Booing at the opera: why?Editorial
When it comes to operatic culture shock between North America and Europe, more jarring than scandalous sets or onstage nudity is the practice of booing in the opera house. In North America - and particularly in Canada - the opposite of applause is simply less enthusiastic applause. In Europe, it’s booing. We’ve heard the loud, well-directed jeers and boos hurled from the audience; they’re usually directed at the creative team, but on rare occasions, individual singers fall prey to the ululating critics.
Our first encounter with operatic booing came from disappointed Italians after a failed high-C attempt by a young Rodolfo; but it was the howls following Katie Mitchell’s production of Lucia di Lammermoor at the Royal Opera House that showed booing to be a true form of audience feedback. In Italy, booing has become nearly institutionalized, when one considers the famed loggionisti in Milan; the group of vocal protesters have monopolized a cluster of seats of La Scala, famously preying on the likes of Roberto Alagna and Luciano Pavarotti.
In his editorial on Slipped Disc, When Booing Has to Stop” Norman Lebrecht calls booing “a habit for some operagoers - a bit of fun, a dare.” Lebrecht cited two instances of boos in close succession, both at the Vienna State Opera. “The first was a lone protestor who had something against the (excellent) conductor,” he writes. “The second was a spattering of hoots at Daniele Abbado’s fine design team for Trovatore. The Vienna rag Kurier this morning made the – brief and unrepresentative – booing their main headline.”
On the one hand, it’s nice to hear of opera audiences who are this passionate about what they see and hear. It speaks to a culture that’s educated about its traditions, familiar enough with opera to have opinions.
On the other hand, booing seems a bit basic, especially for something like opera. Perhaps it’s because we’re sympathetic to the enormous work it takes to produce an opera, and perhaps it’s because we’re Canadian, but hearing an audience boo a show is positively cringe-inducing.
Those who are brave enough to boo are also brave enough to make sure that everyone knows who exactly they’re booing. Curtain calls can be a cruel set-up, the bowing artist well aware of when the crowd turns from admiration to disappointment. Seasoned artists have a thick skin, but it can’t be a good feeling to stand in front of a crowd of people who are unhappy and who want you to know it.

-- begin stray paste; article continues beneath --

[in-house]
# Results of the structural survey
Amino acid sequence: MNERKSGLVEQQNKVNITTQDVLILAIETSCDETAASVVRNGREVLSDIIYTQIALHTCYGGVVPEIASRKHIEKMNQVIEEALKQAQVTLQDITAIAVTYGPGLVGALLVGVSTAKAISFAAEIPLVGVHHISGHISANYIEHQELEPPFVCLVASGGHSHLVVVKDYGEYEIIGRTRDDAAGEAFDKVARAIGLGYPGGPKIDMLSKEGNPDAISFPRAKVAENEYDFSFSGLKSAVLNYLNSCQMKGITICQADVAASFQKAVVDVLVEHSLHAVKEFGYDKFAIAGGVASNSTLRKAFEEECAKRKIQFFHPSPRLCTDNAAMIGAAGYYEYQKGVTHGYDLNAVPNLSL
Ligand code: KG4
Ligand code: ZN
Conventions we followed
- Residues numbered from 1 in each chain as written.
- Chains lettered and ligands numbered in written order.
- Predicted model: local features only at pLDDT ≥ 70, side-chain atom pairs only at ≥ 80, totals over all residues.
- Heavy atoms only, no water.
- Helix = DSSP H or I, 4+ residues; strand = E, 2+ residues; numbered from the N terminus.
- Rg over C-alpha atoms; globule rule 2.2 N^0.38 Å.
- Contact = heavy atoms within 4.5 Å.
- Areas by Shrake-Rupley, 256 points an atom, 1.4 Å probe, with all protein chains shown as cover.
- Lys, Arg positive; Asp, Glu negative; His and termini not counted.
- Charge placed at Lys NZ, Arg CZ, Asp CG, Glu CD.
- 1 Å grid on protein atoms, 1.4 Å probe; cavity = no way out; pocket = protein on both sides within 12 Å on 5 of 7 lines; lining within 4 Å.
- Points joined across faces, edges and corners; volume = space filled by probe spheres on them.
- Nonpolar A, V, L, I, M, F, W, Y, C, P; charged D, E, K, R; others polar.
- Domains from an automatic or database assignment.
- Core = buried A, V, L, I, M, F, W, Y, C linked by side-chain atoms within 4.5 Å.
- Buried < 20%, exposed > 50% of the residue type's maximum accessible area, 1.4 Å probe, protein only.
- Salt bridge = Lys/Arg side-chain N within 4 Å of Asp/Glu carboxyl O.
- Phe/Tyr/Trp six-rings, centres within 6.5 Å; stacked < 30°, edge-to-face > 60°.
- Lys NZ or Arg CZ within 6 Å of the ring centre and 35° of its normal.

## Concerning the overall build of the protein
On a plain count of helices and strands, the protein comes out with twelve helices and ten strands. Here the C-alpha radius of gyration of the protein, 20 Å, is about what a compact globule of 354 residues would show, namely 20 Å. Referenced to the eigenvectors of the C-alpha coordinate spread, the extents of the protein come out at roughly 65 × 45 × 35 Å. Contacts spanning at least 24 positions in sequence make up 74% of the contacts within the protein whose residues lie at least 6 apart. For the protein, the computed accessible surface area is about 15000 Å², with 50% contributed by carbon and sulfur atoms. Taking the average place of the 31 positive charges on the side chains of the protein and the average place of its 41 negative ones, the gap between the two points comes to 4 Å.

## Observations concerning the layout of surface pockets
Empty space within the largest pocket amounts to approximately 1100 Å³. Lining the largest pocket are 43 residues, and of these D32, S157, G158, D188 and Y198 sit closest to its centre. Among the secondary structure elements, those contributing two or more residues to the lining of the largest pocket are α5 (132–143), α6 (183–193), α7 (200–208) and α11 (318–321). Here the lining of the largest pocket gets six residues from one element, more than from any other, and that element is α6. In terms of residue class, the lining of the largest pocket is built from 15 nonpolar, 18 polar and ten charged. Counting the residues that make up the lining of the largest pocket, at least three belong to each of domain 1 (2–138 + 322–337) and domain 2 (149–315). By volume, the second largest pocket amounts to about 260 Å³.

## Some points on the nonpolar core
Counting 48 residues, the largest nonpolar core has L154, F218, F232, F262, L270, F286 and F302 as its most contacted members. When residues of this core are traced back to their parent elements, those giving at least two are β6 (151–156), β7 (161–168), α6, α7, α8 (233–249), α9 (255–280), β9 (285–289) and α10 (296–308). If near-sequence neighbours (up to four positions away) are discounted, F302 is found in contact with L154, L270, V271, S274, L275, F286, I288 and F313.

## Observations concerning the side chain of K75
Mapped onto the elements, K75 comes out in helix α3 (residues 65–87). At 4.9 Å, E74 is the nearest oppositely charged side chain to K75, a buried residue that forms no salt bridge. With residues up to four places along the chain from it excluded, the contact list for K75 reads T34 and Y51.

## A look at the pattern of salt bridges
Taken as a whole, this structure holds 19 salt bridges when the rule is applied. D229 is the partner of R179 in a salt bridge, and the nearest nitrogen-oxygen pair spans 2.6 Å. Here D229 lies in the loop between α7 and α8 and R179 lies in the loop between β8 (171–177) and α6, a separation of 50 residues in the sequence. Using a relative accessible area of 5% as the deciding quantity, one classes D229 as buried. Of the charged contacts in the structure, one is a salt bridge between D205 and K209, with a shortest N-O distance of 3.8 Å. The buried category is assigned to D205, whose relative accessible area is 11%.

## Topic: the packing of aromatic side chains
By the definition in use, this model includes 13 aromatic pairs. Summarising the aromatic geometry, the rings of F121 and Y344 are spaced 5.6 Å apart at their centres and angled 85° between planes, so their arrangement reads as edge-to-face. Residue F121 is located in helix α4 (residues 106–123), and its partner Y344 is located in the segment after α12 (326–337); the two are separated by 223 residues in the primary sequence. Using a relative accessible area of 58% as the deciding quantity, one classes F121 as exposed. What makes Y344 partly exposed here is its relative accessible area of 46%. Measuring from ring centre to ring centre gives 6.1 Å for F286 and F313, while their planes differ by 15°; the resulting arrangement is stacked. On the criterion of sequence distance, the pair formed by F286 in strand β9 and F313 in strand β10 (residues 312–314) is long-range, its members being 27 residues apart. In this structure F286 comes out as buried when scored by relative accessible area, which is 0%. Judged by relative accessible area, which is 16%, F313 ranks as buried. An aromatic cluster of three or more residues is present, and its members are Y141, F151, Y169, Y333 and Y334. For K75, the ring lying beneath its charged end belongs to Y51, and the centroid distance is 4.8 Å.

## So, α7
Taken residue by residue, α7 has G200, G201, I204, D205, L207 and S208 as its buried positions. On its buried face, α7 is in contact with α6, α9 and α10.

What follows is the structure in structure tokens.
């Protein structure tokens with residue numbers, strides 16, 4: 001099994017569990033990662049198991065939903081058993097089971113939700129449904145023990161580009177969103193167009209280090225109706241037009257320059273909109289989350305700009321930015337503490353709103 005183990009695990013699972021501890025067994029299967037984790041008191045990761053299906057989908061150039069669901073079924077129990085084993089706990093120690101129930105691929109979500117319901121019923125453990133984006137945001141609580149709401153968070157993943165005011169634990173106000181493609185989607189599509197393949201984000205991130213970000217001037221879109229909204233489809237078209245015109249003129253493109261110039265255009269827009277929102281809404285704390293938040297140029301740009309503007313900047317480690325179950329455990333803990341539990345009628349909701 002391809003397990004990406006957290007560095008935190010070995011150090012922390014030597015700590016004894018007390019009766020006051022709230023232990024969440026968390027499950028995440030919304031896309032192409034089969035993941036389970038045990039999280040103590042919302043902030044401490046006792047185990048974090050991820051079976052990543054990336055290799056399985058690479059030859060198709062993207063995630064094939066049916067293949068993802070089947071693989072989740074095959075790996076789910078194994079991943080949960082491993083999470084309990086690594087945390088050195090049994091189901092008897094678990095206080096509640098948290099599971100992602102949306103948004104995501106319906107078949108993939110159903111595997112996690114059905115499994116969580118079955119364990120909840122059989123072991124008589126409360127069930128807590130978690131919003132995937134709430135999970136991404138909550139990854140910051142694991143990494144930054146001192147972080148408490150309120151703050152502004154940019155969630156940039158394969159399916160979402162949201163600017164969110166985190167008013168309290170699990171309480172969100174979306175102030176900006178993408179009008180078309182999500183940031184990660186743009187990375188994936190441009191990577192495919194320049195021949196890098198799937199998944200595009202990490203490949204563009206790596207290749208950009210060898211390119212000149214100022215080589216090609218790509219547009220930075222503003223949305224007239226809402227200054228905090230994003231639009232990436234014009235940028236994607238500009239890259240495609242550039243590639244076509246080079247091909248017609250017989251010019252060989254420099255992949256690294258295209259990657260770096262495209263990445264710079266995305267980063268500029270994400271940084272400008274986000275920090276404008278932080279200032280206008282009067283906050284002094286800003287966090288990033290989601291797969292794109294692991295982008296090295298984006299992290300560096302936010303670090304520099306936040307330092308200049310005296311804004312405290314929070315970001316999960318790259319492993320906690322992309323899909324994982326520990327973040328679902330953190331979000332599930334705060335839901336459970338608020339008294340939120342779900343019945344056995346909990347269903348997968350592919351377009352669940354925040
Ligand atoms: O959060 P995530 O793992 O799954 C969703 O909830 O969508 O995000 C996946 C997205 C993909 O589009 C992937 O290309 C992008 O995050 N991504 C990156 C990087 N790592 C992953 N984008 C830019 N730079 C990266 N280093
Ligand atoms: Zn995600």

It’s enough to make us wonder, what are these irate operagoers hoping to accomplish with their booing? Are the singers, directors, and designers supposed to do something with this unsolicited feedback? Is the director supposed to go back to the drawing board with his production based on boos? Is the singer supposed to cancel all future gigs until she “fixes” what the loggionisti don’t like about her voice? Or is booing a social mating call of sorts for those seated, letting everyone know that you’re too smart for this nonsense?
If it’s more about making one’s opinions literally heard, booing at the opera is kind of like that Jerry Seinfeld bit about men who honk their horns at women as they drive by them, thinking, “I think I made my point.” If it’s about operagoers who want their neighbours to know they’re opera-savvy, that’s about as fun as being the only person in the room who’s seeing that cult classic film for the first time.
Booing falls under the umbrella free speech, in all fairness; but does mean it’s not rude. Lebrecht puts it well: “The people who do it would never stand up in a crowded restaurant and boo a dish they did not like. If they did, they would be banned for life. Or beaten up by the chef.”